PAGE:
Hikers will love the many trails that lead from Sapa. Indochina’s tallest mountain, Fanispan is not far away though from a time point of view if you want to get to the summit, the cable car is the way to do it.
The ethnic tribes in the region are one of the attractions. While they come into market, you can also do your own exploration of local villages.
Tonight, is the second of your two nights in Sapa.
Day 6: Sapa - Drive to Hanoi
The drive back to Hanoi will still have you enjoying your surroundings, a beautiful environment until you get back into the bustling city for an overnight stay before your next major highlight.
Day 7: Hanoi - Halong Bay Overnight cruise
A Vietnam 18 daysholiday would never be complete without a trip to the UNESCO World Heritage site of Halong Bay due east of Hanoi in the Gulf of Tonkin. There are many hundreds of limestone karsts reaching out of the Bay, all but a handful uninhabited and ripe for exploration; the grottoes are a real highlight of a visit to Halong Bay.
Local fishing villages surround the bay, the villagers’ houses on stilts and you will love an overnight stay on a modern-day junk, enjoying a drink before dinner watching the sun setting. There is time for a swim or simply relax but make sure you are up early in the morning to enjoy the equally stunning sunrise.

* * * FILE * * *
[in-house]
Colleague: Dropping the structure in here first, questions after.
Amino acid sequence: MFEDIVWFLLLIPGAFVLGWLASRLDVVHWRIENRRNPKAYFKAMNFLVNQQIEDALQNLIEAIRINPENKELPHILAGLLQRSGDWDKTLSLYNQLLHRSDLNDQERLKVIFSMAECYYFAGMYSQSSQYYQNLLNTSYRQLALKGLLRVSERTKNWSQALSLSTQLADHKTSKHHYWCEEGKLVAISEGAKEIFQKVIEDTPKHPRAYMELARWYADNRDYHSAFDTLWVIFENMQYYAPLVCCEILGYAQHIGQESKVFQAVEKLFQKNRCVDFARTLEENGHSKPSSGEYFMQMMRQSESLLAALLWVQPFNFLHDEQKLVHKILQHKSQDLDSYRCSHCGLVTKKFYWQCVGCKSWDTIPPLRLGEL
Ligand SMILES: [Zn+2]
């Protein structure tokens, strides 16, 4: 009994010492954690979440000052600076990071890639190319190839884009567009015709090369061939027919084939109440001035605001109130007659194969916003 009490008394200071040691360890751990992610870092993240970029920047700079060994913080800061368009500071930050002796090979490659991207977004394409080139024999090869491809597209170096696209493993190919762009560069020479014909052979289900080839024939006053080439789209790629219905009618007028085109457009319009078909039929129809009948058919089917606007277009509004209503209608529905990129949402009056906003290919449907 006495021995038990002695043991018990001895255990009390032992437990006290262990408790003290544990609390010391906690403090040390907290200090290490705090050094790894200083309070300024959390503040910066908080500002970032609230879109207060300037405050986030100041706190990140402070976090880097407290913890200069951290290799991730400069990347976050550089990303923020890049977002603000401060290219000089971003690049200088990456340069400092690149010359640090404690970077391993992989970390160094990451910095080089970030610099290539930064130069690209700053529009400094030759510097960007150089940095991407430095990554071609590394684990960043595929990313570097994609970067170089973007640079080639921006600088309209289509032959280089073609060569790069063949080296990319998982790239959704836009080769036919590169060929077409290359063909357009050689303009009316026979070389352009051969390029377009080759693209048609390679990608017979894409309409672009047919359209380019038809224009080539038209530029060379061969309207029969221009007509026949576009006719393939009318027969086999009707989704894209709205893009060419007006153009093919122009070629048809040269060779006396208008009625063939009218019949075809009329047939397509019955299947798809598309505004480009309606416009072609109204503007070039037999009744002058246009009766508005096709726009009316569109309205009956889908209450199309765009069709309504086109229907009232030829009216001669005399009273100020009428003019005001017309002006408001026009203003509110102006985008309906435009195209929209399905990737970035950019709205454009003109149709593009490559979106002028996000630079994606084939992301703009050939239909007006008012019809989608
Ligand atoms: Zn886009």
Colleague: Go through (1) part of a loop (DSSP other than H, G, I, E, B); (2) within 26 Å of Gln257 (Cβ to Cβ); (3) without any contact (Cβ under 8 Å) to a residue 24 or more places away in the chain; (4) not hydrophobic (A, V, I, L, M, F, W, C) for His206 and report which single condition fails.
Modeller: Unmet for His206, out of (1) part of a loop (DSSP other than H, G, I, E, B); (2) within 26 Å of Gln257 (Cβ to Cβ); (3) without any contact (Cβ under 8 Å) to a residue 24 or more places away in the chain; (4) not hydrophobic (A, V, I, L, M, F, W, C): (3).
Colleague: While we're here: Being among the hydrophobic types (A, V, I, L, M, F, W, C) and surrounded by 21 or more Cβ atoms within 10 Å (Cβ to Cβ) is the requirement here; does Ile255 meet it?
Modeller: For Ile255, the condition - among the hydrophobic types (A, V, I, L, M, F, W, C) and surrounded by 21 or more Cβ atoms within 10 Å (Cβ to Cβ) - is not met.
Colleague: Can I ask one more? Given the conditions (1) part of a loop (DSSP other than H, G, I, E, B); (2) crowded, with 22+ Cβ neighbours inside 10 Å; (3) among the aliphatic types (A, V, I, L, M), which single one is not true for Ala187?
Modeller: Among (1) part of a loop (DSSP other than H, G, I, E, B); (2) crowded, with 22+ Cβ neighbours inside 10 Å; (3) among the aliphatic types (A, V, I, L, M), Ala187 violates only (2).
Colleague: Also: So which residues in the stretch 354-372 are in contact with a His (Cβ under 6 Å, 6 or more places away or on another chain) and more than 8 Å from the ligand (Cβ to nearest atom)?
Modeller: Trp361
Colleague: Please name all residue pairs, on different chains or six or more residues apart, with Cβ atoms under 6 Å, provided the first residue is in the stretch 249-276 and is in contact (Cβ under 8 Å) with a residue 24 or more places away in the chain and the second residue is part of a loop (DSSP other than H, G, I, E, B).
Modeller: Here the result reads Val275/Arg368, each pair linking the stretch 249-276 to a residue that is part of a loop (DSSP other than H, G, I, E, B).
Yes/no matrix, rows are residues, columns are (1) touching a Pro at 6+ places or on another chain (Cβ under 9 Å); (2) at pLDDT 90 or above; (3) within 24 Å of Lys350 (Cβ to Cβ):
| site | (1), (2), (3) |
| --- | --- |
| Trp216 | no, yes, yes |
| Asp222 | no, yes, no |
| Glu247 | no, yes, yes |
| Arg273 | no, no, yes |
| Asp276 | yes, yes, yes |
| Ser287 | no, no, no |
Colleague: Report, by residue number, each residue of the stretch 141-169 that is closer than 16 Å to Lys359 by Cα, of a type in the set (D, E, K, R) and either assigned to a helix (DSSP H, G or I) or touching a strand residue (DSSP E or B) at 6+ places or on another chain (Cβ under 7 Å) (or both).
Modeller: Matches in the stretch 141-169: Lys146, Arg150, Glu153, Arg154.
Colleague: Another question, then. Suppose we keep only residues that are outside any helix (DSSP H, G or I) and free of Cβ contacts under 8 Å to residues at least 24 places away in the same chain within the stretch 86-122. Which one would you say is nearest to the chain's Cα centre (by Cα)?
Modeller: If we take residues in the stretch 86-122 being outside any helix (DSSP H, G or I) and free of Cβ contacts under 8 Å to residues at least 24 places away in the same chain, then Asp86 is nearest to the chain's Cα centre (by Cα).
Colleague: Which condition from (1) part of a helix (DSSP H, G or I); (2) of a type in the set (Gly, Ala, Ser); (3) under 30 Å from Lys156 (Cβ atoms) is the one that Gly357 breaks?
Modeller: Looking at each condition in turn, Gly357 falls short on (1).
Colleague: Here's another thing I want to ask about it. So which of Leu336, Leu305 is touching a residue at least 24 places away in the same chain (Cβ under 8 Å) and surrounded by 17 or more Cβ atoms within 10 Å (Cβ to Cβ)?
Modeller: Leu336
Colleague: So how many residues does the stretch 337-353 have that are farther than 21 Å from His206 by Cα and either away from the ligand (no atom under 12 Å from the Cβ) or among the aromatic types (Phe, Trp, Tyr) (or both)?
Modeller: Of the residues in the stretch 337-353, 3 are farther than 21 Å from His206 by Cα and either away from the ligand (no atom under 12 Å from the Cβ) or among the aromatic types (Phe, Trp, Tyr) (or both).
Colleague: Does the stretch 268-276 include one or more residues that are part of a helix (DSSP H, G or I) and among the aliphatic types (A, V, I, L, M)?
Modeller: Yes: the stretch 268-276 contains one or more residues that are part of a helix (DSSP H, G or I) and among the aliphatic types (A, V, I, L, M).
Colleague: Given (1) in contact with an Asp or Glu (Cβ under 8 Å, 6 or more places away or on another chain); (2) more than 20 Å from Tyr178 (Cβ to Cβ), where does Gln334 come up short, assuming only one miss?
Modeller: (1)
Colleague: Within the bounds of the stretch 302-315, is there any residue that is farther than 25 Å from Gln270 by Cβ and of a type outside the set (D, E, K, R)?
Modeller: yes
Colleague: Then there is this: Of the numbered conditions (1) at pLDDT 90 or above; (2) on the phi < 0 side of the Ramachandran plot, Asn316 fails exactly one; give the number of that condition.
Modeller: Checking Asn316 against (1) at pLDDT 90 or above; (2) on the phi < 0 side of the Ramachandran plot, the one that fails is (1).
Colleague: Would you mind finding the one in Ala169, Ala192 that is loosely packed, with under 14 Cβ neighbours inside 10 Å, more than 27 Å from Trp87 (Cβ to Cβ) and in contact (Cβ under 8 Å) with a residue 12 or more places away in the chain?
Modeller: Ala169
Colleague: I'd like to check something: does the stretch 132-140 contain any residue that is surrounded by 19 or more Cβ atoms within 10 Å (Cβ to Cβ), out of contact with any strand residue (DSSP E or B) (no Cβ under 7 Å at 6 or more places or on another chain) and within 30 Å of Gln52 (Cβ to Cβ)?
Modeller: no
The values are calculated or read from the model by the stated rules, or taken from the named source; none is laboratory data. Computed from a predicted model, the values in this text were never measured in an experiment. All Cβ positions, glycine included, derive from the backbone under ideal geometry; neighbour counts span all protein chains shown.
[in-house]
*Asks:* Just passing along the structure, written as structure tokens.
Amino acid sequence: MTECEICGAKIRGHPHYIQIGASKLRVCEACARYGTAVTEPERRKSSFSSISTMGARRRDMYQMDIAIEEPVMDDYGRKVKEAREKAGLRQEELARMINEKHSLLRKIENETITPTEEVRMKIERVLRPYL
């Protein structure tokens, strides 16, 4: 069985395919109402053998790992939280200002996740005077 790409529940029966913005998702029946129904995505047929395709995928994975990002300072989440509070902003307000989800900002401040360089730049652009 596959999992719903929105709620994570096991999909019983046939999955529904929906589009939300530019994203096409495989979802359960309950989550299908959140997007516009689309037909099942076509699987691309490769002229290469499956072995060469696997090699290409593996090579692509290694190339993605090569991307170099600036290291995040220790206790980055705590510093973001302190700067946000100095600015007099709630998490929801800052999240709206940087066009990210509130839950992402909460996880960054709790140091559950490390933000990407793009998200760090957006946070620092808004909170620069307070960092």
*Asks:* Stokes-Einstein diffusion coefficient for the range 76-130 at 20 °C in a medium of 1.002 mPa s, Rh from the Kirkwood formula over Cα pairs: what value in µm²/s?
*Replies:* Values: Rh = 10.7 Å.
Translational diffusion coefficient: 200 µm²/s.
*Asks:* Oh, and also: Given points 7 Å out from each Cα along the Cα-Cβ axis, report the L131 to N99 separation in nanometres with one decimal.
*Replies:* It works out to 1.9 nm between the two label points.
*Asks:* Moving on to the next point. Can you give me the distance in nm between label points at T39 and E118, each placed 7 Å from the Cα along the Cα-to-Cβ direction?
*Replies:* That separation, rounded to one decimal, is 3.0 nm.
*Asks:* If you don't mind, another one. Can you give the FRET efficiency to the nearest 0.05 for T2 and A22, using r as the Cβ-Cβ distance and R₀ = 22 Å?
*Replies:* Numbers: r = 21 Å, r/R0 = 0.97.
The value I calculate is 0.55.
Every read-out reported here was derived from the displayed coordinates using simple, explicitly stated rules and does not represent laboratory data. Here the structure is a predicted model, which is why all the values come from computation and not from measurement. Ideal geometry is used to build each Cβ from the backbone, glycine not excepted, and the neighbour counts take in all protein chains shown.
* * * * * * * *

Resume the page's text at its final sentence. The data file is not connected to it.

Day 8: Halong Bay - Hanoi - Flight to Hue
It is time for Hanoi once again after enjoying Halong Bay but this time it is to catch a plane for the one hour flight south to Hue, the Capital of the Nguyen Dynasty when the French were the colonial masters. The Dynasty ruled throughout the 19th Century and the early decades of the 20th Century. Whilst there was significant damage to Hue during the Vietnam War, the City Tour the next day will still reveal a great deal that appeals to visitors; palaces, temples, pagodas and royal tombs, sufficient to earn the City UNESCO World Heritage status as well.
Day 9: Hue City Tour
The highlight of Hue is the Imperial Citadel. There is plenty to see on this day tour including the Forbidden Purple City, the Edict Pavilion, Supreme Harmony Palace and the Flag Tower. The Huong River provides a great viewpoint for Hue’s highlights.
The Imperial Tombs are on the opposite bank with the pond and gardens of Emperor Minh Mang’s Tomb a tranquil setting. Enjoy Thien Mu Pagoda and the peaceful village of Thuy Bieu just outside Hue.
Day 10: Hue - Drive to Hoi An
You are just past the midway point of your Vietnam tour 18 days in total and today you will drive down to Hoi Anto enjoymore of Central Vietnam, this time the trading port of Hoi An whose importance began during the time of the Champa Kingdom. Over the centuries, there have been obvious influences from the outside world with the Japanese Covered Bridge which contains a small pagoda just one of those examples.
The Old Town is filled with examples of Chinese architecture. Overall, Hoi An is a fascinating place famous for its colourful lanterns. After the sun sets the effects of these lanterns is even more vivid.
Day 11: Hoi An biking and farming tour
Despite the growth of cities like Hanoi, Danang and Ho Chi Minh City, it is important to remember that Vietnam remains largely rural. You will have seen that as you drive around and today there is the chance to enjoy the farming countryside close to Hoi An.